• [0030]
    According to an embodiment, the method further includes actively scanning for network access with the managed radio transceiver and sending a network access request to a network access management system in response to user input to initiate the scan.
  • [0031]
    According to an embodiment, the method further includes displaying a combined list of networks identified by the scan and networks identified by the network access management system in response to the network access request; and attempting to connect to a user selected one of the displayed networks.
  • [0032]
    These and further features will be apparent with reference to the following description and attached drawings. In the description and drawings, particular embodiments of the invention have been disclosed in detail as being indicative of some of the ways in which the principles of the invention may be employed, but it is understood that the invention is not limited correspondingly in scope. Rather, the invention includes all changes, modifications and equivalents coming within the scope of the claims appended hereto.
  • BRIEF DESCRIPTION OF THE DRAWINGS
  • [0033]
    FIG. 1 is a schematic view of a communication system;
  • [0034]
    FIG. 2 is an exemplary state diagram for managing wireless connections in an electronic device; and
  • [0035]
    FIG. 3 is another exemplary state diagram for managing wireless connections in an electronic device.
  • DETAILED DESCRIPTION OF EMBODIMENTS
  • [0036]
    Embodiments will now be described with reference to the drawings, wherein like reference numerals are used to refer to like elements throughout. It will be understood that the figures are not necessarily to scale. Features that are described and/or illustrated with respect to one embodiment may be used in the same way or in a similar way in one or more other embodiments and/or in combination with or instead of the features of the other embodiments.
  • [0037]
    In the present document, embodiments are described primarily in the context of a portable wireless radio communications device, such as a mobile telephone. For purposes of description, the device will be referred to as an electronic device. It will be appreciated, however, that the exemplary context of a mobile telephone is not the only operational environment in which aspects of the disclosed systems and methods may be used. The disclosed systems and methods may be applied to various types of electronic devices. Therefore, the techniques described in this document may be applied to any type of appropriate electronic device, examples of which include a mobile telephone, a media player, a gaming device, a computer, a personal digital assistant (PDA), an electronic book reader, etc.
  • [0038]
    In the present document, the electronic device may carry out wireless communications through a primary network. The primary network may be a default network for the electronic device. In the described and illustrated embodiments, the primary network is a cellular network. It will be recognized that other network types may be used for the primary network. In some circumstances, the primary network may not be the preferred network for the electronic device for one or more reasons such as cost, performance, in ability to access certain resources (e.g., a printer or a secure server) through the primary network, etc. Therefore, when available, the electronic device may carry out wireless communications through an alternative network instead of through the primary network or in addition to the primary network. In the described and illustrated embodiments, the alternative networks are WiFi networks. It will be recognized that other network types may be employed for the alternative networks. Also, the alternative networks need not all be of the same type.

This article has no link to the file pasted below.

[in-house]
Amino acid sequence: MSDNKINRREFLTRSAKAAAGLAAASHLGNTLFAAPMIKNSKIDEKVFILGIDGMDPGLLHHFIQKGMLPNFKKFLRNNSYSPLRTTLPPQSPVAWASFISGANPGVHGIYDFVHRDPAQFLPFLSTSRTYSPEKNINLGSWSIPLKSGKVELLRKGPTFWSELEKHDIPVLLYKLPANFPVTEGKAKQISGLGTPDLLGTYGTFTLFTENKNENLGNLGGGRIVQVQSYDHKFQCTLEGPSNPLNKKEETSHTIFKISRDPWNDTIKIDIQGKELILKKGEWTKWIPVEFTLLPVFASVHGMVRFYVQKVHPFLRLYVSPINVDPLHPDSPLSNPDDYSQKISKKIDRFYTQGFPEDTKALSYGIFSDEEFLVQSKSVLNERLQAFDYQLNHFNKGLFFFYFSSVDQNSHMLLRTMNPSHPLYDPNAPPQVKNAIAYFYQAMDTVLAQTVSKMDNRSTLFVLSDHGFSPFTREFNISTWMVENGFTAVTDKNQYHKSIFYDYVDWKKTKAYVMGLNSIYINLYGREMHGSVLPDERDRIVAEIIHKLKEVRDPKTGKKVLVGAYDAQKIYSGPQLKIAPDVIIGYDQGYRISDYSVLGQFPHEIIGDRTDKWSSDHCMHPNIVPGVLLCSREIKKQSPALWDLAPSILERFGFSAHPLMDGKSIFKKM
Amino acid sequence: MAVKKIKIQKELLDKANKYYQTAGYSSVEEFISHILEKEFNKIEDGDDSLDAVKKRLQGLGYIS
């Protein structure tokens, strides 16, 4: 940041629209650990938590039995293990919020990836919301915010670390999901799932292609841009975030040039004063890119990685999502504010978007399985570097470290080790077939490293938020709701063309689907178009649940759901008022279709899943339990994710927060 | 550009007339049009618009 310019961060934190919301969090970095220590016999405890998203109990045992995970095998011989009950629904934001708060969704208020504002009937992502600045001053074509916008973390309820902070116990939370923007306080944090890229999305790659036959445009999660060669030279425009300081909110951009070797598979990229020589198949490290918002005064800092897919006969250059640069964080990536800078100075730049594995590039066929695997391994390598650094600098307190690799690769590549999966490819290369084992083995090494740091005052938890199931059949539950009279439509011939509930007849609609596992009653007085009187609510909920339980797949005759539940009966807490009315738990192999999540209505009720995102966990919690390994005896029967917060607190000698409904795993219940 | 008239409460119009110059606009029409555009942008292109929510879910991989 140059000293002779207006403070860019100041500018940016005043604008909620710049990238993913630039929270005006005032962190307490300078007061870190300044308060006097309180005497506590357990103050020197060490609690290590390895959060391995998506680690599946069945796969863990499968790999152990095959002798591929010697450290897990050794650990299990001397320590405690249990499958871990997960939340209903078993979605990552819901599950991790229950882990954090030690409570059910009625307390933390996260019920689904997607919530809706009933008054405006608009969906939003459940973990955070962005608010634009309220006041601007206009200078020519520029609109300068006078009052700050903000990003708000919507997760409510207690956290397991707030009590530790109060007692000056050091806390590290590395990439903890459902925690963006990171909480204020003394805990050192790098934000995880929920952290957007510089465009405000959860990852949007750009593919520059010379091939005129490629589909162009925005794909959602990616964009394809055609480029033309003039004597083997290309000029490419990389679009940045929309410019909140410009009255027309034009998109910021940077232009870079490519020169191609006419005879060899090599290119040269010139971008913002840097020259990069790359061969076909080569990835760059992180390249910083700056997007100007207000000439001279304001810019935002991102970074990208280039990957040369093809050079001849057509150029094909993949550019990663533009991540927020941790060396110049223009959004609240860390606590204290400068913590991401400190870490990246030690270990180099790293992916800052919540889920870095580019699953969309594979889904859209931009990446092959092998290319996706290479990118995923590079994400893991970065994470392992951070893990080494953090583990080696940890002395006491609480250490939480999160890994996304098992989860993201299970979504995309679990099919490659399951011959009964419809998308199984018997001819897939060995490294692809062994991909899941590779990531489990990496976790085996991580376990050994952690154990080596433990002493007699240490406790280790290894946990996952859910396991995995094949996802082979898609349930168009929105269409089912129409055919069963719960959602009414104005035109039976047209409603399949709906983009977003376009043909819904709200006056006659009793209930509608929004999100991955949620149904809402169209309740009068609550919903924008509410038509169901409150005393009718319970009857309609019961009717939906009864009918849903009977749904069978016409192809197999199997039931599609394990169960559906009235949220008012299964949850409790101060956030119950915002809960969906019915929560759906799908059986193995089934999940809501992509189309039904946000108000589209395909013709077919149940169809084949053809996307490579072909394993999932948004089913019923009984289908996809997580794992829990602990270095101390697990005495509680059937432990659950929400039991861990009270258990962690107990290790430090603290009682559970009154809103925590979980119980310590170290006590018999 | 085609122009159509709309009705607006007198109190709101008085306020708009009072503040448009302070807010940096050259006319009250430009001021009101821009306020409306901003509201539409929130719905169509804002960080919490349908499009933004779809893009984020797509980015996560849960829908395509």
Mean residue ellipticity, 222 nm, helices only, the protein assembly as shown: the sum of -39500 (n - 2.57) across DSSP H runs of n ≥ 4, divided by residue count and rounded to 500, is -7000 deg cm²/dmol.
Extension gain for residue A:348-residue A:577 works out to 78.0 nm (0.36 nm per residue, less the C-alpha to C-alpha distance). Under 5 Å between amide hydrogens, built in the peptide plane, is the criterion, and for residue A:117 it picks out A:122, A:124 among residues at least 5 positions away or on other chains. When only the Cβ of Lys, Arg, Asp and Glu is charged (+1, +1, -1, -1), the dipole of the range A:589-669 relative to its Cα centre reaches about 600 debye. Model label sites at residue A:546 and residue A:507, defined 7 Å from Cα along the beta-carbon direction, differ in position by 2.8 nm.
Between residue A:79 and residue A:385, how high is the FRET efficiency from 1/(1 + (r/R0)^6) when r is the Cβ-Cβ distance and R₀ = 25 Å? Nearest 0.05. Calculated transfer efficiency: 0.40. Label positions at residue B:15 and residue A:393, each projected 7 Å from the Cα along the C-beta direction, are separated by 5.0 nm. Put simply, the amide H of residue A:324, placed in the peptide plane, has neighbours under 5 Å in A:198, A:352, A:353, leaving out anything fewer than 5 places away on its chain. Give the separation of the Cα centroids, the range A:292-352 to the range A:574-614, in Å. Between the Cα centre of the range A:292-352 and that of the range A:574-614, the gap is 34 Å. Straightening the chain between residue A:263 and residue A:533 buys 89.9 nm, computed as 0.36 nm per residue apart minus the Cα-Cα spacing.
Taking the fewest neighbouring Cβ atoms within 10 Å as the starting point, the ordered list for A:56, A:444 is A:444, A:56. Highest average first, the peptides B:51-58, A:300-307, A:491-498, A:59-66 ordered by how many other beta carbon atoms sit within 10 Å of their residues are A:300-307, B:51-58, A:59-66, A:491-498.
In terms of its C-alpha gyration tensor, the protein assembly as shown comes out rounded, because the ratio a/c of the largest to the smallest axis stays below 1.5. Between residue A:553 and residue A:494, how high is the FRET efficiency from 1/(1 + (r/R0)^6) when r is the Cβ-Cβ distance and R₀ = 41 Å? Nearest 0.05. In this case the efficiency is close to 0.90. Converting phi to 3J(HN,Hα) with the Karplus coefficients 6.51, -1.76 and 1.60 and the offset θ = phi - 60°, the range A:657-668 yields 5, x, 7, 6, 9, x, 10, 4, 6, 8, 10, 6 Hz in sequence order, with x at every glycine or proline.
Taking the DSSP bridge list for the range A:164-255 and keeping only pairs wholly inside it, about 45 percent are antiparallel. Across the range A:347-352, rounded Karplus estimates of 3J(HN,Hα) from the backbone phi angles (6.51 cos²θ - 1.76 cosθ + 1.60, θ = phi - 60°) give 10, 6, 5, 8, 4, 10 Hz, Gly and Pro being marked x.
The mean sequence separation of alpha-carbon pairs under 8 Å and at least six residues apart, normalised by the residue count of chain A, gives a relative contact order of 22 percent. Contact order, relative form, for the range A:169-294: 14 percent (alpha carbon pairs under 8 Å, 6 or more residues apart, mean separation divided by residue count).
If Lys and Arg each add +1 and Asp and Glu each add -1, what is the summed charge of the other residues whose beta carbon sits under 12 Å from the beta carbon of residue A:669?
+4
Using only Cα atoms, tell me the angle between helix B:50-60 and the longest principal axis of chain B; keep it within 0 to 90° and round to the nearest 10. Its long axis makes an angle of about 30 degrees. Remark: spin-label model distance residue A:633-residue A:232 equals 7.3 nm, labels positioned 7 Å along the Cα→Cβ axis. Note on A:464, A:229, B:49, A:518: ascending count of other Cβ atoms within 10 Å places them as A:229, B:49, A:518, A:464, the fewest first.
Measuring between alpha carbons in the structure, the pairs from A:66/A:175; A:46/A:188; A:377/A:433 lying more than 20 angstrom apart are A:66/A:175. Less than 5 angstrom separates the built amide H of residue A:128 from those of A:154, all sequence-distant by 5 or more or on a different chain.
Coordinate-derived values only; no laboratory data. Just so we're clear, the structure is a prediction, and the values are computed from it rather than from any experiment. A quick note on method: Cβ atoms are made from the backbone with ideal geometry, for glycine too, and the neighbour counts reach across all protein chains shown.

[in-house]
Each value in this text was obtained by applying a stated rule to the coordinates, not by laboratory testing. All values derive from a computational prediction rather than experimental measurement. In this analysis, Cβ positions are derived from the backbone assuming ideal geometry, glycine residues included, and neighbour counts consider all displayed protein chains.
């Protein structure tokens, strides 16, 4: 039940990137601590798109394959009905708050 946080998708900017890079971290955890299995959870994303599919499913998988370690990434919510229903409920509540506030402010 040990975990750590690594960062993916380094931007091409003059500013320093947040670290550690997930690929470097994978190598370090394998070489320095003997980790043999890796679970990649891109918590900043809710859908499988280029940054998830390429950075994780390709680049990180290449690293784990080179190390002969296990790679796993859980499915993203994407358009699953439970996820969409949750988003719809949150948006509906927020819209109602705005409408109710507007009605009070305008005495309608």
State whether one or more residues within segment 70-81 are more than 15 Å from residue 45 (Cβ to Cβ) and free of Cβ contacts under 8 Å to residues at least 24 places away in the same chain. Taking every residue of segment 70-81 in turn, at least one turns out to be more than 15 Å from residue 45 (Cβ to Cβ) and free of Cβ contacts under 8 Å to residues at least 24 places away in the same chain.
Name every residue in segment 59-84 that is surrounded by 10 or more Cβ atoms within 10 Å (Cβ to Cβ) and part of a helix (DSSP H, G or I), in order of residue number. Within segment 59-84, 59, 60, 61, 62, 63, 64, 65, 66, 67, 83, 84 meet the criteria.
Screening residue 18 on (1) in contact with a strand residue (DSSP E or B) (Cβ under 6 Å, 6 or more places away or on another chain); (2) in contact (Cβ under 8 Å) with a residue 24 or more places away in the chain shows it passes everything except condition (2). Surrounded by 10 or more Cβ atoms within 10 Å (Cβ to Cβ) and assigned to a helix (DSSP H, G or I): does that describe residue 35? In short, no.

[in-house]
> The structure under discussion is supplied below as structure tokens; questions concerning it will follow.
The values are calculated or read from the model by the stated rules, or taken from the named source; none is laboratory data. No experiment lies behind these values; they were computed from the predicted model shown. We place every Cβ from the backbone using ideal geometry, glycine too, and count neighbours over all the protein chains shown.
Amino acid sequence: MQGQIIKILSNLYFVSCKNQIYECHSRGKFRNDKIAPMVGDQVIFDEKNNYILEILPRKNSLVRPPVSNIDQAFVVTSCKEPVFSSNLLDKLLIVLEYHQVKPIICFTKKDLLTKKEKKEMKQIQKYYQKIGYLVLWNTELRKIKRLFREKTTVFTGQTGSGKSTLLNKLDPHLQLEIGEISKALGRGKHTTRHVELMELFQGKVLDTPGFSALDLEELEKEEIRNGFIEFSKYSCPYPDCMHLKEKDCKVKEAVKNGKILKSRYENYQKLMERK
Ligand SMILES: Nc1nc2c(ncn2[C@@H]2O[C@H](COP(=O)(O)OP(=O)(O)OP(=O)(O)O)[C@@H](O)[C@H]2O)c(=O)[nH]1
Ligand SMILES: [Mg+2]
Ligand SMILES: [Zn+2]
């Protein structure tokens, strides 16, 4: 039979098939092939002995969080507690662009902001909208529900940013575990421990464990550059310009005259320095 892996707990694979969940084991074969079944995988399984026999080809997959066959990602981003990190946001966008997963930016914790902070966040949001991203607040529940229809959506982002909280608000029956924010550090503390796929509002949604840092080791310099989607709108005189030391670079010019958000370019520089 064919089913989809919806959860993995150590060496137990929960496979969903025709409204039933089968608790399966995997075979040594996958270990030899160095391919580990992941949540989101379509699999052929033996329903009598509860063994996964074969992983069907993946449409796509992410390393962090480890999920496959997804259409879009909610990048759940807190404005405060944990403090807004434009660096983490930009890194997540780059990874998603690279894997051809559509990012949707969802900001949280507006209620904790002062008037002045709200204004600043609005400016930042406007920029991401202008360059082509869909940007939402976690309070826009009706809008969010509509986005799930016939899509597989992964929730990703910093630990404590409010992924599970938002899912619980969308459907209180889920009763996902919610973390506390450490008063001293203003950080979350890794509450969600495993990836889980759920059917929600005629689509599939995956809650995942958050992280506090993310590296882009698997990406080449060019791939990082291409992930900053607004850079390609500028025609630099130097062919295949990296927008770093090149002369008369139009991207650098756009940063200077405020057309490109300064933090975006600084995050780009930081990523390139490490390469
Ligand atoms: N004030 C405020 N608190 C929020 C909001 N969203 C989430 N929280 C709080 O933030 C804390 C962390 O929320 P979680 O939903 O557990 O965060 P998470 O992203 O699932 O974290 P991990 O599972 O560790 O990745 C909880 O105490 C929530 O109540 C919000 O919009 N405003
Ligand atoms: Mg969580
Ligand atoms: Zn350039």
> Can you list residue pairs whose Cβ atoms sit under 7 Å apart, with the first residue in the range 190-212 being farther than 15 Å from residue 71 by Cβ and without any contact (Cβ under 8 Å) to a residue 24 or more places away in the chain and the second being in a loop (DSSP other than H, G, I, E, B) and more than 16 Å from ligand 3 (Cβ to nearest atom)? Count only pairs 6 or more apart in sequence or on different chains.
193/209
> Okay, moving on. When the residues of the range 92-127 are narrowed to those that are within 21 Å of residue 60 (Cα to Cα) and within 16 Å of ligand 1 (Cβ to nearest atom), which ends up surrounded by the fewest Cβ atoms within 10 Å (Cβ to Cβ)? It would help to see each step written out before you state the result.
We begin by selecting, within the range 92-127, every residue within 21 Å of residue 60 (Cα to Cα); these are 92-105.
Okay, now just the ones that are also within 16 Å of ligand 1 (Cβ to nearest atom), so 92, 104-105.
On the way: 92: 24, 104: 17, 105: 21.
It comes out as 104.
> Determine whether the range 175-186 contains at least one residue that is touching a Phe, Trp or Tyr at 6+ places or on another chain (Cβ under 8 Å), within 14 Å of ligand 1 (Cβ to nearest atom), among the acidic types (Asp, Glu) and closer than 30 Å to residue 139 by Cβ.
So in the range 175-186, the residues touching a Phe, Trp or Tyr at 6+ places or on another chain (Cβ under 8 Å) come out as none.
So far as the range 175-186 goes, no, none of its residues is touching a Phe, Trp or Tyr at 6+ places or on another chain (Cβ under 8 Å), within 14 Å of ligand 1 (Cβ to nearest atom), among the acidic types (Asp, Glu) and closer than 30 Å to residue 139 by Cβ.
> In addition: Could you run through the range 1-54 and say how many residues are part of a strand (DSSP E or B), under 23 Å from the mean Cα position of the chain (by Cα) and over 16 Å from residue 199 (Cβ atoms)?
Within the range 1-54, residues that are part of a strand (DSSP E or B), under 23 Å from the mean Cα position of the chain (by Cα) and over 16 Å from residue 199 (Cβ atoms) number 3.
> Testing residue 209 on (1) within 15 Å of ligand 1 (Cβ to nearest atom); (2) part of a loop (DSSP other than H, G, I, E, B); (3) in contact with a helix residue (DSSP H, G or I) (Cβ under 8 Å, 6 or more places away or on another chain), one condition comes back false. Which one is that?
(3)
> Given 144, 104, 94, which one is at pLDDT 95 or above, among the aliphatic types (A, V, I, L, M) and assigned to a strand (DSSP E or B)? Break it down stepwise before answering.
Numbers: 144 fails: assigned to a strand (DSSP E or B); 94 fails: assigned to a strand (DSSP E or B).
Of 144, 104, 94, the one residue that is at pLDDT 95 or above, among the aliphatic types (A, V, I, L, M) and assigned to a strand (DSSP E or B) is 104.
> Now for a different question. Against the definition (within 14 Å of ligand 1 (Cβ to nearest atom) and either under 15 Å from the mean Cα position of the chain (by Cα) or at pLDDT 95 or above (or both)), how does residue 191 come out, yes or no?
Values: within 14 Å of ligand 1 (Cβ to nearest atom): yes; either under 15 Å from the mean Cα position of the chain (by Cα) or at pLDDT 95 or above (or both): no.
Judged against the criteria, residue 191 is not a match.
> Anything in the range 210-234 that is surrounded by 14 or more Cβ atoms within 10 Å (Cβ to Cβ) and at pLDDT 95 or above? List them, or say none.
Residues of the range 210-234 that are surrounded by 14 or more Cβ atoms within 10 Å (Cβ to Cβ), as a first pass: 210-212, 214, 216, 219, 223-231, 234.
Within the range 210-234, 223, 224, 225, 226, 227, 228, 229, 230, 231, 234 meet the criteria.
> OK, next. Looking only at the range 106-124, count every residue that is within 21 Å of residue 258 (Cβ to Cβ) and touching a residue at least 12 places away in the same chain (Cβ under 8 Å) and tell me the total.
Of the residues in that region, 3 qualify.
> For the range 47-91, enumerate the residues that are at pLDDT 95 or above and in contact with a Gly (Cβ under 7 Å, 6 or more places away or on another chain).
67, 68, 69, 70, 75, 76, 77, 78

• [0039]
    Referring initially to FIG. 1, shown is a system that includes an electronic device 10 and a network access management system 12. The electronic device 10 is portable and has wireless communication capabilities, as will be described in greater detail below. The network access management system 12 may be configured as a server that communicates with the electronic device 10 and other devices, as will also be described. The electronic device 10 may include a network access function 14 and the network access management system 12 may include a network sharing function 16. The network access function 14 and the network sharing function 16 may cooperate with each other to assist the electronic device 10 access an alternative network 18.
  • [0040]
    As illustrated, there may be plural alternative networks 18 (shown as networks 18 a through 18 n). The networks 18 may be geographically diverse and have distinct coverage areas, although it is possible that two or more networks 18 may have overlapping coverage areas. In the exemplary embodiment where the alternative networks 18 are WiFi networks, each network 18 may include one or more access points (APs) that establish wireless connection with the electronic device 10.